Worldwide server sales fell for the sixth straight quarter, declining 16 percent from a year ago to $10.5 billion in the second quarter, according to study released today by International Data Corp.
Hewlett-Packard Co., thanks to its acquisition of Compaq Computer Corp., tied IBM as the leader in market share, each with 27.8 percent, marking the first time Big Blues hold on the top spot has been seriously challenged. However, HP saw its worldwide market share slip 2 percent compared with the combined server revenues of HP and Compaq last year.
Sun Microsystems Inc. came in third in worldwide revenue with 16.6 percent market share, followed by Dell Computer Corp. with 8.4 percent and Fujitsu Ltd. with 3 percent.
Dell was the only computer maker among the top five to post an increase in sales as its revenues grew 4.6 percent to $884 million. Compared with the second quarter of last year, IBMs server sales fell 16.2 percent to $2.9 billion; HPs declined 18.1 percent (compared with combined HP, Compaq) to $2.9 billion; Sun dipped 12.3 percent to $1.8 billion; and Fujitsu dropped 29.8 percent to $321 million.
"The overall server market continued its ongoing broad-based decline, which has affected almost all major product categories and all geographies," said Mark Melenovsky, director of server and infrastructure hardware programs for IDC, based in Framingham, Mass. "While demand in the second quarter remained soft, we expect the worldwide server market to approach near flat year-on-year growth for the remaining two quarters of the year."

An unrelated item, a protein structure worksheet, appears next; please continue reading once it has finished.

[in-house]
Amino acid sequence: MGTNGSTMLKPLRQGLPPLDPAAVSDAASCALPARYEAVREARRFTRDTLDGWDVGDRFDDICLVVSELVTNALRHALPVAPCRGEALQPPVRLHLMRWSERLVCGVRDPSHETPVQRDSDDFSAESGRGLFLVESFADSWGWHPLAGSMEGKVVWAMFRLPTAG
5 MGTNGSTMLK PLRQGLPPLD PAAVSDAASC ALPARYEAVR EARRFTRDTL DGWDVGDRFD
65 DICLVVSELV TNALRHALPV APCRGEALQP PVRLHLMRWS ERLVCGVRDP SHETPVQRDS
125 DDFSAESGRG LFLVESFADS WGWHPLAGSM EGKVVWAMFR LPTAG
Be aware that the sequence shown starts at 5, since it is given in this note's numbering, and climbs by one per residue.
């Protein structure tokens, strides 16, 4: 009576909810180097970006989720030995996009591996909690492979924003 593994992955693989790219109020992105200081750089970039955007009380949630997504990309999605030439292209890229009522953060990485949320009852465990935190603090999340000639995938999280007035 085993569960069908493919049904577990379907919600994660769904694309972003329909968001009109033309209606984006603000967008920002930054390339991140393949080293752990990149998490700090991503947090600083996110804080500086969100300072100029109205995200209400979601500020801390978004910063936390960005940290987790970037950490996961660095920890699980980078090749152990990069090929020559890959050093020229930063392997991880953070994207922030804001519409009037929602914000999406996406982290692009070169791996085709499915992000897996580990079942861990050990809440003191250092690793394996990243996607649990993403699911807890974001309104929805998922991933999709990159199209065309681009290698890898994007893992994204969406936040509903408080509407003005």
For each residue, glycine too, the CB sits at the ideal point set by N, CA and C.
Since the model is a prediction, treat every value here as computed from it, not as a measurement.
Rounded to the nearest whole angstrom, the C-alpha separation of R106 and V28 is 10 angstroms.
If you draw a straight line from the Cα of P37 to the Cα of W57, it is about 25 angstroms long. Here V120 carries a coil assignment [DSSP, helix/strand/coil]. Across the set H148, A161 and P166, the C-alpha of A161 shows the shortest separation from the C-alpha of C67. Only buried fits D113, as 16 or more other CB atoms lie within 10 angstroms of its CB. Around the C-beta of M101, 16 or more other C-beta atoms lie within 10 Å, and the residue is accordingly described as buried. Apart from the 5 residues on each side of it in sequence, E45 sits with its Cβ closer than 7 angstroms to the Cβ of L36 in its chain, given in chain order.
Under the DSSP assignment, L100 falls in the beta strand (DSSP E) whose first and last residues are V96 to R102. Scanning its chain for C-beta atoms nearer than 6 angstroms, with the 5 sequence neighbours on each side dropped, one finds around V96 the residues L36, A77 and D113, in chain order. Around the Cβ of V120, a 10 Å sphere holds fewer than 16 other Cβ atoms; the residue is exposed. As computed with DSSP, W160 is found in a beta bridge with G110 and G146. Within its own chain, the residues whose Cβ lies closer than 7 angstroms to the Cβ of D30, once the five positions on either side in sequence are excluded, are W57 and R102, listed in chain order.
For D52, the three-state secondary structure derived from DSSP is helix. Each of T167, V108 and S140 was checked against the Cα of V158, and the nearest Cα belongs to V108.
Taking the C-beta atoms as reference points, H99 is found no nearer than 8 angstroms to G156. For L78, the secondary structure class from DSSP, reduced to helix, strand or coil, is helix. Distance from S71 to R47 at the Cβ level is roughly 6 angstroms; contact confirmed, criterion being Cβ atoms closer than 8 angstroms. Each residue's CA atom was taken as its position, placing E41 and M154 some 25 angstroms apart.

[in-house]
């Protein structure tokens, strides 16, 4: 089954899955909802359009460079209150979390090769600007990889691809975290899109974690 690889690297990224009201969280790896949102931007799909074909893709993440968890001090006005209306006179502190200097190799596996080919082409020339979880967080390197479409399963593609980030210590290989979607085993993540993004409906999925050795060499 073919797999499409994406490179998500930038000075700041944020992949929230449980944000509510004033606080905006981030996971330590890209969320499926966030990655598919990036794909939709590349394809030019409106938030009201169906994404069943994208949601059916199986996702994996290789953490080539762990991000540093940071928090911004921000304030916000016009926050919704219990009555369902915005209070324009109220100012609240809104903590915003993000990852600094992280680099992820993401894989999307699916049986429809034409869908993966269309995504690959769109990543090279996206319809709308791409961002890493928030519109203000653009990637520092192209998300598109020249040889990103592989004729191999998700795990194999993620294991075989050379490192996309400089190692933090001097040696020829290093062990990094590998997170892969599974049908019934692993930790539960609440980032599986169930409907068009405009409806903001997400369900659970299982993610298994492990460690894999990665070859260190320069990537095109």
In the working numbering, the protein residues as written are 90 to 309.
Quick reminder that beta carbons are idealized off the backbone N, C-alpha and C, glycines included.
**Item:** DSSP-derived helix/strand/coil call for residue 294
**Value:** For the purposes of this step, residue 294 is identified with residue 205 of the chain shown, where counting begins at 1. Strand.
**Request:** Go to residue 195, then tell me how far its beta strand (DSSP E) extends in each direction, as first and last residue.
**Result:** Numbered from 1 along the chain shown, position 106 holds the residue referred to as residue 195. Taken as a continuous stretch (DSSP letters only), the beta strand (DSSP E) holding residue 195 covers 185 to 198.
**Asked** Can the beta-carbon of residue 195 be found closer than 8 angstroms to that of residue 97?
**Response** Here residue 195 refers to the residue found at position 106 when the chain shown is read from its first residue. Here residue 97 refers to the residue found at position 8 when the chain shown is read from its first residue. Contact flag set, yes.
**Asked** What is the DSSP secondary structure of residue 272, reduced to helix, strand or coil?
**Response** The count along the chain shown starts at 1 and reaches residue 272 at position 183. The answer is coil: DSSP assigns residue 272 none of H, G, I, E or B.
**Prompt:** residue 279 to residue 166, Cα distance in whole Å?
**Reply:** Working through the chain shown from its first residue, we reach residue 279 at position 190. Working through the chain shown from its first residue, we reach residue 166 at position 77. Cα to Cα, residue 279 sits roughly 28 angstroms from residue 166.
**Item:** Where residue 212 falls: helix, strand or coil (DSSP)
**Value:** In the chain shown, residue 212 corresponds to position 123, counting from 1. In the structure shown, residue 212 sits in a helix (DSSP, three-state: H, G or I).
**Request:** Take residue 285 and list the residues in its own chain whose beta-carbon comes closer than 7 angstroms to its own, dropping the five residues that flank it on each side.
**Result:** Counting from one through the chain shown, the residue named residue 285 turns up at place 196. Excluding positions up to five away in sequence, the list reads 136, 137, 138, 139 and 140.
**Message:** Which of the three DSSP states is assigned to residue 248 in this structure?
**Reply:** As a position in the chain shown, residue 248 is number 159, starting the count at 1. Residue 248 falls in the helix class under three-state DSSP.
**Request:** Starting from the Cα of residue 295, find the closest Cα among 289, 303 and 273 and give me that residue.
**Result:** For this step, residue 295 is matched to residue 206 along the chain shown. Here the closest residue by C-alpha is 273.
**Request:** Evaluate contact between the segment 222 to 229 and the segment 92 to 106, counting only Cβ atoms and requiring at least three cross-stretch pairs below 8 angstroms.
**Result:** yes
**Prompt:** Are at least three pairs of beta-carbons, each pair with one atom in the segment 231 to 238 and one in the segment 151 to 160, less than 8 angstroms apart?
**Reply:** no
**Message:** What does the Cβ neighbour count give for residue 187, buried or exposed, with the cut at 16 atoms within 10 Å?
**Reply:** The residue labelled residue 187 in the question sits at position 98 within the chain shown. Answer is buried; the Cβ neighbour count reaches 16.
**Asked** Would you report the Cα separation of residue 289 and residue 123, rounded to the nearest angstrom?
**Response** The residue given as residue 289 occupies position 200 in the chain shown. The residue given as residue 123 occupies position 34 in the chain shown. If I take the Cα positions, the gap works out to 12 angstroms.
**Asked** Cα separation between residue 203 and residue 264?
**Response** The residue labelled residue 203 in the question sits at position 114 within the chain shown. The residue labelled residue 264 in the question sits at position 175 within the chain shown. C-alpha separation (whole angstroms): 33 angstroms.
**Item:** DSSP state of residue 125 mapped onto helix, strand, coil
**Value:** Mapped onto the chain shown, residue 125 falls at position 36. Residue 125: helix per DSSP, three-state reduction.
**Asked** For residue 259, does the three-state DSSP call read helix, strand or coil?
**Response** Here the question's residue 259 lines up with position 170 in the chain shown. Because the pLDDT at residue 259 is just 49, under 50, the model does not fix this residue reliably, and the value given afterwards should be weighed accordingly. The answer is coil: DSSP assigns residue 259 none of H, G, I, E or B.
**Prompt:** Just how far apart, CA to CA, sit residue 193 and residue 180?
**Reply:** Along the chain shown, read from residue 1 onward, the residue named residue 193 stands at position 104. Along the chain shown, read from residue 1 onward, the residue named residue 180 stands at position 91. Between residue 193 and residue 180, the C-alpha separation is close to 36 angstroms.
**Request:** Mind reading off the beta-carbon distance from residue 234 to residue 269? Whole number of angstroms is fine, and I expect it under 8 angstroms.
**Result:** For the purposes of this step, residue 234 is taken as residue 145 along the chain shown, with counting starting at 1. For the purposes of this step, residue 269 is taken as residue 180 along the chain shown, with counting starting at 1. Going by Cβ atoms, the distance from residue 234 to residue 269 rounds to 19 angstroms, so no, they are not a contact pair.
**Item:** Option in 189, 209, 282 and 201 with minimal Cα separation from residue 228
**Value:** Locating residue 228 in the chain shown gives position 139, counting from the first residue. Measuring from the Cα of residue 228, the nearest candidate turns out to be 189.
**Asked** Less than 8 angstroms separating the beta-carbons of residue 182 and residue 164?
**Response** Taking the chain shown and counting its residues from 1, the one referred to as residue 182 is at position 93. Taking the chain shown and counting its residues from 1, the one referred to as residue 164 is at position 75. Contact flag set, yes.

In comparing the results to those for the first quarter of this year, IBM, Sun and Dell were the only top-tier server vendors that grew server revenues faster than the overall market, with sequential growth rates of 17 percent, 11 percent and 4 percent, respectively. Overall, worldwide server sales declined 3 percent from the previous quarter.
IBM showed strong growth in its Linux business, growing more than 36 percent year over year, with respect to revenue, more than tripling the market growth of 11 percent. The report attributed IBMs strong performance to successful marketing efforts promoting the companys xSeries and Linux server lines, as well as high demand for its Linux cluster systems in the United States.
Sun maintained its No. 1 position in the Unix server market with 39 percent market share, followed by HP at 31 percent and IBM at 20 percent.
"Despite the market decline rate of 20 percent year to year in the Unix server market, the top three vendors continue to make strong strides in consolidating their shares of the total available market," said Hoang Nguyen, manager of IDCs worldwide quarterly server tracker program. "Their combined revenues represent nearly 90 percent of the overall Unix market, making it very difficult for smaller vendors to compete in this space."
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